Carroll Middle School seventh-grade students (from left) Joewie Heithoff, Brooke Reiling and Lily Wiltse, who participated in a regional Junior/Senior History Day contest March 15 in Storm Lake with a group documentary called “Tinker vs. Des Moines: On the Road to Peace,” qualify for the upcoming state contest.
Carroll Middle School seventh-grade students (from left) Joewie Heithoff, Brooke Reiling and Lily Wiltse, who participated in a regional Junior/Senior History Day contest March 15 in Storm Lake with a group documentary called “Tinker vs. Des Moines: On the Road to Peace,” qualify for the upcoming state contest.

April 9, 2018

Two Carroll Middle School groups will present their takes on historical conflict and compromise at a state contest later this month.

The Carroll Community School District participated in a regional Junior/Senior History Day contest March 15 at Buena Vista University in Storm Lake, with 22 Carroll middle- and high-school students responding to the National History Day theme of “Conflict and Compromise in History” with papers, exhibits, performances, websites and documentaries.

Of those, two groups of seven students total qualified for the state contest, which will be held at the Iowa Events Center in Des Moines April 30.

“History Day students learn the skills and techniques of the historian to discover new insights,” said Kelly Borchers, gifted and talented instructor and academic competition moderator at Carroll schools, in a news release.

In addition to crafting a project, students develop a process paper and annotated bibliography to explain their research.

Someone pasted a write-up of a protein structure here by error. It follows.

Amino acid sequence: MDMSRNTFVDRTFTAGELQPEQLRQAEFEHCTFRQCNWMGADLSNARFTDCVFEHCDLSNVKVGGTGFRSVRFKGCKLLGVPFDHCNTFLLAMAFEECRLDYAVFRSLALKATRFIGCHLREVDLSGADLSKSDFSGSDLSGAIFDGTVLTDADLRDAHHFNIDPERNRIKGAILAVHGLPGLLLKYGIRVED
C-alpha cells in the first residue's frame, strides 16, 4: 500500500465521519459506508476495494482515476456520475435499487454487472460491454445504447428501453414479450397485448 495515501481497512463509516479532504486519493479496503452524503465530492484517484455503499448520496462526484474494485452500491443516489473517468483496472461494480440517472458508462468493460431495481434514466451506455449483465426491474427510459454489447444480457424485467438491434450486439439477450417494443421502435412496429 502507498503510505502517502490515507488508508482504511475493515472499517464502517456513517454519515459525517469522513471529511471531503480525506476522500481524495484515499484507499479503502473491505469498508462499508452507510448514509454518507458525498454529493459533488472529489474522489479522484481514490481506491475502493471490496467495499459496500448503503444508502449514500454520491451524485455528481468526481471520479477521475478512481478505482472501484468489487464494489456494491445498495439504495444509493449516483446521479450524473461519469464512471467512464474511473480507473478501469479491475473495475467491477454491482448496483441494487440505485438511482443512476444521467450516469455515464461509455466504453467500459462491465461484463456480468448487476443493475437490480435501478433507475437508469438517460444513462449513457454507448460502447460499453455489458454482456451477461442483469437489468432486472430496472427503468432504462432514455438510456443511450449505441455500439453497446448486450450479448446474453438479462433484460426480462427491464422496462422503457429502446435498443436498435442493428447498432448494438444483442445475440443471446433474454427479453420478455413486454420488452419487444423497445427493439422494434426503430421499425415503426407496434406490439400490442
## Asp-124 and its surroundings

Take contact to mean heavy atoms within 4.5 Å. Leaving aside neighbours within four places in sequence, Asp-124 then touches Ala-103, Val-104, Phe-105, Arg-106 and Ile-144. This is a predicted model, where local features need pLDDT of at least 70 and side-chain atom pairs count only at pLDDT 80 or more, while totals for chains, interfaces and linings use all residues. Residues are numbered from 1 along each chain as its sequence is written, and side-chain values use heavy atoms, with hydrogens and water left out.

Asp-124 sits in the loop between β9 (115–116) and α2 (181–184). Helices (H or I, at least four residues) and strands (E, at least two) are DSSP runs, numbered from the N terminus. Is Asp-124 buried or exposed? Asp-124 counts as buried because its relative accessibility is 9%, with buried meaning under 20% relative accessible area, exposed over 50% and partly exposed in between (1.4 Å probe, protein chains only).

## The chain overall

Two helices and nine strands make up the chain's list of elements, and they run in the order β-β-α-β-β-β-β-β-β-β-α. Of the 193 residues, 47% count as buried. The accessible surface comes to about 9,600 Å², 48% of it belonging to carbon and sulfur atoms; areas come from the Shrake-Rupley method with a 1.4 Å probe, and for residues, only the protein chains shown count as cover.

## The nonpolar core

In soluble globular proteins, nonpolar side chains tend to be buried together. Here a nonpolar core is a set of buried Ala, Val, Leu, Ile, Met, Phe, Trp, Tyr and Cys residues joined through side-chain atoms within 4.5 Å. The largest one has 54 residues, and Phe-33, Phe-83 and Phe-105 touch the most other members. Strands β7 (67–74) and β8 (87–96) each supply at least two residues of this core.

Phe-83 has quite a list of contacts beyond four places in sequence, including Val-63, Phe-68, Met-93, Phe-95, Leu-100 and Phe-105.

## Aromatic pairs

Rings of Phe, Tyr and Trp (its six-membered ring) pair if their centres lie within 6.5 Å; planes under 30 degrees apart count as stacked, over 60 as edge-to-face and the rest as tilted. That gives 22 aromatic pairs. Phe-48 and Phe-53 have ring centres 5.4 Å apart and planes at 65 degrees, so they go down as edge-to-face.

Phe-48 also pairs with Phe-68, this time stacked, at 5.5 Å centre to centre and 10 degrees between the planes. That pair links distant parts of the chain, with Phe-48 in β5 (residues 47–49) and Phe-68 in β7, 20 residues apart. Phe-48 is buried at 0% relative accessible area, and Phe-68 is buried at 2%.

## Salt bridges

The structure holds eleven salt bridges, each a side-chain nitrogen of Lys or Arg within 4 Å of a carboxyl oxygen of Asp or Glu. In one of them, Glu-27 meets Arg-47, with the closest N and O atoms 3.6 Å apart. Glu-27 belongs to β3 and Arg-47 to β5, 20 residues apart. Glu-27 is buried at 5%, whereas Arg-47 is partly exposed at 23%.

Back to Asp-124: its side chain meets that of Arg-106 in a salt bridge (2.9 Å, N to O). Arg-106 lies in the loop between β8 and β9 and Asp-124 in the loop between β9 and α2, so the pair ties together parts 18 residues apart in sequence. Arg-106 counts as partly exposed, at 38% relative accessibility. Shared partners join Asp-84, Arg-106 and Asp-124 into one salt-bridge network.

“The National History Day Program’s goal is to empower students with research skills, critical-thinking skills and outlets for creative expression, which will enhance their academic abilities in all areas of study,” Borchers said.

The following students participated in the contest:

— Joelle Cheney and Lexi Schuur, with an exhibit called “Lafayette: Creating Compromise in the Midst of Worldly Conflicts,” which won an ROTC Outstanding Senior Entry in Military History award.

— Nolan Landauer and Collin Schultes, with an exhibit called “The Gentlemen’s Agreement: Surrender at Appomattox,” which won an Outstanding Project on Civil War Topic award.

— Brooke Fortner, Chloey Steffes and Tayonna Gotto, with an exhibit called “Salem Witch Trials: Mass Murder of the Innocent,” which won a Women’s History Award.

— Bret Muhlbauer and Mercedes Warnke, with an exhibit called “Apollo-Soyuz Mission: The Handshake to End the Space Race,” which won a Best Use of Archival Research award.

— Sophia Polking, Shay Sinnard and Chelsea Chandler, with an exhibit called “A. Phillip Randolph: The Man Behind Executive Order 8802.” The order signed by President Franklin Roosevelt aimed to eliminate racial discrimination in the U.S. defense industry.

— Wyatt Ladwig, Andrew Dieter and Bryton Treadway, with a documentary called “Executive Order 9066: Life Within Barbed Wires.” The order led to the country’s relocation of people with Japanese ancestry during World War II.

— Alyssa Brant, Brittan Pudenz, Samantha Tidgren and Brooklyn Schulte, with an exhibit called “Office of Civilian Defense: When Militarization Meets Everyday Life,” which won an Outstanding Junior Entry in Military History and qualified for the state contest.

Lily Wiltse, Brooke Reiling and Joewie Heithoff, with a documentary called “Tinker vs. Des Moines: On the Road to Peace,” which qualified for the state contest. The 1969 U.S. Supreme Court ruling protected students’ First Amendment rights to free speech.